“He has broken up a demonic cartel of political correctness and now it is up to you and me, each of us to move forward in our own sphere and knock down the obstacles that are silencing us and holding us back from what we are called to say and do.”
This and other prophecies would cement his relevance for the next five years.
Others made, and were rewarded for, similarly Apocalyptic prophecies. Televangelist Frank Amedia, a 2016 Trump campaign “liaison for Christian policy,” claimed before the 2016 election that God had told him that he’d sent Trump to bring on the Second Coming. (He’s also claimed to have resurrected people, and an ant, from the dead.) He went on to form POTUS Shield, an unofficial council of religious soldiers battling for Trump.
If you’re looking, you can even find a minister to mix Gospel with QAnon “spiritual intel reports” on a Twitch-style stream at the internet-infamous Omega Kingdom Ministry, which was inspired by QAnon “prophet” Mark Taylor, a former firefighter who claimed that he was told by God that Trump would be president in 2011, a tale that later manifested as a film.
White Evangelical pastors, Christian publications, and leaders in various Christian denominations have sounded the alarm early and often about QAnon, which isn’t only affecting their communities but also spitting back a bastardization of Christian teachings.
“I didn’t just feel like I was being fed overt Christian messaging, I was being fed [overt Christian messaging],” Jadeja, QAnonCasulaties moderator, said via email. (Despite embarrassment, he’s publicly shared his story in the hopes of helping others.) He hasn’t ascribed to Christian teachings before following QAnon. “It’s not a thread, it’s not intertwined, religious messaging is the rock upon which Q built his church.”
April (TikTok: aprilajoy), pillories the alarming QAnon-adjacent content that’s swirling around her conservative Christian community. She’s not #culttok; she’s still a believing Christian who’s disgusted by the abusive and hateful brinksmanship that’s eclipsed Christian empathy and love.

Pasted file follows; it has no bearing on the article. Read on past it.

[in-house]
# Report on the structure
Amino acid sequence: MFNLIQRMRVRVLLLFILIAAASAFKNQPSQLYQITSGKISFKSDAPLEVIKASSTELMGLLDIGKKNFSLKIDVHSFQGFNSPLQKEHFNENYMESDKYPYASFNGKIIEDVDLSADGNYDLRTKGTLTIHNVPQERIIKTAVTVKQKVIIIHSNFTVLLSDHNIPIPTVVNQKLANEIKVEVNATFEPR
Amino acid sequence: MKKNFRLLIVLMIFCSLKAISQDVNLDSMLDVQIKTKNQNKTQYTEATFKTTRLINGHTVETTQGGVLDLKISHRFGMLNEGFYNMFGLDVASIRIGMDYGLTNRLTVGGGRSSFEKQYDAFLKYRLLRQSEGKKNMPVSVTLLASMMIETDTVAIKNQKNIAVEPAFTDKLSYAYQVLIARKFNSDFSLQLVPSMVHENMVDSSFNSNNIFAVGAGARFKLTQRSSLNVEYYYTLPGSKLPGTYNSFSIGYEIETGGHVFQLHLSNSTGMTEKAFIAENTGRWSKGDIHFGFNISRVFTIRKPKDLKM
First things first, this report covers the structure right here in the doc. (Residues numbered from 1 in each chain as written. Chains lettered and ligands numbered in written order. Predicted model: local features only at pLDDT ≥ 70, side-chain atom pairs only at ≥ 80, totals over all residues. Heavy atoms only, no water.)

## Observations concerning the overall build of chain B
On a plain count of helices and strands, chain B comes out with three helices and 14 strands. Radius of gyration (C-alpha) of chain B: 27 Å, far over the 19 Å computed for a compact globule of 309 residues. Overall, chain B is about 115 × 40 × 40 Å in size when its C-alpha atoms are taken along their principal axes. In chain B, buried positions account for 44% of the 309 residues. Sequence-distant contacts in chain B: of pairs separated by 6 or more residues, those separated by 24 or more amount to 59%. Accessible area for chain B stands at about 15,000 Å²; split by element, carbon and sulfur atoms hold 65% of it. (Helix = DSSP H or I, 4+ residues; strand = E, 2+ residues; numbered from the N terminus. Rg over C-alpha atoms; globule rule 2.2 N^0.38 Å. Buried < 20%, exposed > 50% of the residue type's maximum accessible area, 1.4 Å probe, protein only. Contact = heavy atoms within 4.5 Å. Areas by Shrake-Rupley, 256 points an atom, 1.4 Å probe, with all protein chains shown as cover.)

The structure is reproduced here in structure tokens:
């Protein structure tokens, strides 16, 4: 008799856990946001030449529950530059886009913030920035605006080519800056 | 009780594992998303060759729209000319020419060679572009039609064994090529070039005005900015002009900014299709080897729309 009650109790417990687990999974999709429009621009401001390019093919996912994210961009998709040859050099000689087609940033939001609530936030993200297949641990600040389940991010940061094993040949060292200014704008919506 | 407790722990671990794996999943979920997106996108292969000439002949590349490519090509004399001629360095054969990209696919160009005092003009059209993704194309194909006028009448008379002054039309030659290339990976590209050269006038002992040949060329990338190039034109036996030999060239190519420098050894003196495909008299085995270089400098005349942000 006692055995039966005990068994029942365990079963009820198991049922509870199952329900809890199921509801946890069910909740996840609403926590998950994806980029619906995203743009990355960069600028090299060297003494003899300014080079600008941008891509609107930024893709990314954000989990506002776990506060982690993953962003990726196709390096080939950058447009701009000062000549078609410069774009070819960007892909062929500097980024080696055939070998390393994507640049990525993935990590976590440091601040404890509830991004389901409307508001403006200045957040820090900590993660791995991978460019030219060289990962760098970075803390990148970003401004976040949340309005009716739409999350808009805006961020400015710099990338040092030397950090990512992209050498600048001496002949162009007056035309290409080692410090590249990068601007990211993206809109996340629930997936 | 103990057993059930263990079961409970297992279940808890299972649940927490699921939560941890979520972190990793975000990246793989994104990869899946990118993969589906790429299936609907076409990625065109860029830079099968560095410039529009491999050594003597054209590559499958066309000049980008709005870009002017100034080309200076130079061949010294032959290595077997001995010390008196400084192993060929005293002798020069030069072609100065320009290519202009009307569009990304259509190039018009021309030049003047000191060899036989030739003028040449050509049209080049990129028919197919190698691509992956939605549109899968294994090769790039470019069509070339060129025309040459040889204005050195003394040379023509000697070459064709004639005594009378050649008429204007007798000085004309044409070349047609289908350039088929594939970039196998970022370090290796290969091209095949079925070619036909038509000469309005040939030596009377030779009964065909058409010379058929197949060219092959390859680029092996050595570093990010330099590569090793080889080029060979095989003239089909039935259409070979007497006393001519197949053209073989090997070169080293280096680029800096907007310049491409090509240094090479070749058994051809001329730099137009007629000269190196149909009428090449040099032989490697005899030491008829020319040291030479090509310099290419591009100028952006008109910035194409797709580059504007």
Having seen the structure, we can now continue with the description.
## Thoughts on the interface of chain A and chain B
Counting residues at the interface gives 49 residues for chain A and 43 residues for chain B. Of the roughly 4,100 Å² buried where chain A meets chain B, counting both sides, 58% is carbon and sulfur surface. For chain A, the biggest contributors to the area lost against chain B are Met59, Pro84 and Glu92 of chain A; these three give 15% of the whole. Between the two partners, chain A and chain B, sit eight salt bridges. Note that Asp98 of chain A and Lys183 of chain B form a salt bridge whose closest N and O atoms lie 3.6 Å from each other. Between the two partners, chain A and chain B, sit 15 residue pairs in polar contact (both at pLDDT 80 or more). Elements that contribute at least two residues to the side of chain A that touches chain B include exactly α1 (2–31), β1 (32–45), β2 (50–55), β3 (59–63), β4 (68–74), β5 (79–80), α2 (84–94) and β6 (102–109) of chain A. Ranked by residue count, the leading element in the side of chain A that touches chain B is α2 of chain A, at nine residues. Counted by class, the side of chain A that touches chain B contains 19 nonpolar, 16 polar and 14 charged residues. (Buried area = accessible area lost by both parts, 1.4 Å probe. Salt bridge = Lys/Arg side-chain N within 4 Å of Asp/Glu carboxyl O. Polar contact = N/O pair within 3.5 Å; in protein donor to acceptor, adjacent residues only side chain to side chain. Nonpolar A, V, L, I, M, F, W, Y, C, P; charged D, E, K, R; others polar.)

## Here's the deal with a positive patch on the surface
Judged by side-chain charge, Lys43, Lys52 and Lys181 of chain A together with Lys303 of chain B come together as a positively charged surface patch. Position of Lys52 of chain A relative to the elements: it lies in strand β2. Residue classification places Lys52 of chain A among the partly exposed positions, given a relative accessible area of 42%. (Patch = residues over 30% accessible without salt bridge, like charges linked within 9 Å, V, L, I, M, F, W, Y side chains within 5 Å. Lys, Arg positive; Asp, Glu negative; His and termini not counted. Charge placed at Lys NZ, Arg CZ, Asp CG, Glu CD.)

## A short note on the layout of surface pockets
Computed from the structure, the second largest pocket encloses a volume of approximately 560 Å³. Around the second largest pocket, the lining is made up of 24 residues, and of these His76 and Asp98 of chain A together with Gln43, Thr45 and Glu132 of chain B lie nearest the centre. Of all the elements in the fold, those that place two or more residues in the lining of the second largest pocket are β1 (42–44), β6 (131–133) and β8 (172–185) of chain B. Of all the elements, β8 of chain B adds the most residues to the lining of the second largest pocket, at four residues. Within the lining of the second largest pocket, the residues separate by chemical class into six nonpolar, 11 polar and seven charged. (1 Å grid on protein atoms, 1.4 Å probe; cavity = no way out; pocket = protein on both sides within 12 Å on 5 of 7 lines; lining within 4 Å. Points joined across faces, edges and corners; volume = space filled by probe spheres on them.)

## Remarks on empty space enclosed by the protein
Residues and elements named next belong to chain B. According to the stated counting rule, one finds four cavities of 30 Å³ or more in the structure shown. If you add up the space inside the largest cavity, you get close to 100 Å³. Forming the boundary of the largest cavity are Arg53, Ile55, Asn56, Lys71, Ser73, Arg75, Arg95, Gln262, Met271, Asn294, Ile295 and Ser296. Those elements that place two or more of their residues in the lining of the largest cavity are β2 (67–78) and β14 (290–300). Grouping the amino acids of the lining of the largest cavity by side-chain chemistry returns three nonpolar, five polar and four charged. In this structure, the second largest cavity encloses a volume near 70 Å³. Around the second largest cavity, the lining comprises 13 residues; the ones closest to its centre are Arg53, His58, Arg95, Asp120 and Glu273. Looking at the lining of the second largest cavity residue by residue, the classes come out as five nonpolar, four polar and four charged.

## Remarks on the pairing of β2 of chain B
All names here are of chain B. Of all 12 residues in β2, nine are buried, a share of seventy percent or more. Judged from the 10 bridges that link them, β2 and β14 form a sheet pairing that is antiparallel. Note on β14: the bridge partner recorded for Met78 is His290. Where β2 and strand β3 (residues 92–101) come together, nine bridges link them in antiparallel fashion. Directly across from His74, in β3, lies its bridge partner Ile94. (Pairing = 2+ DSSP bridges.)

She uses her account, along with family content and news commentary, as a dump for all the toxic QAnon-adjacent waste she’s seeing on Facebook. In her long-running series “Things I saw ‘Christians’ post on Facebook,” she reads aloud a rapid-fire series green-screened memes and panic in a warbled voice effect.
A few samples: “AMERICA HAS FALLEN! ARE YOU LOCKED AND LOADED YET?” “Let he who hath not an AR15 take his $600 stimulus and buyeth a new one.” “Are we wearing red coats Wednesday or what? Sorry, it’ll be my first Civil War.” “What you see from the Capitol is from the Communist playbook. There are NOT Trump supporters!” “I guarantee you Judgement Day won’t be rigged.” “THEY’RE DOING THE SAME THING TO TRUMP THAT THEY DID TO JESUS ON A SMALLER SCALE. BEST PRESIDENT EVER.” “Two biggest LIES of 2020: 1. Epstein killed himself 2. Biden won.” “Father continues to release warrior angels to fight and bind the spirit of Jezebel coming against President Trump to destroy him! AMEN!” “Protected by our LORD AND SAVIOR” (over an image of Trump behind the Resolute Desk with Jesus over his shoulder.) “I tried to stop them, but I am only one man” (over Trump hugging a Statue of Liberty crying red tears.)
The paranoid hostility resembles nothing of the Christian spirit she’d embraced growing up in the 4,000-member church which her father pastored. “[Trump] has torn up families and churches over this,” she said. She says she gets messages daily from people whose parents practically disowned them. “If you speak out against Trump, they take it so personally that it’s like you’re speaking out against them or against Jesus.”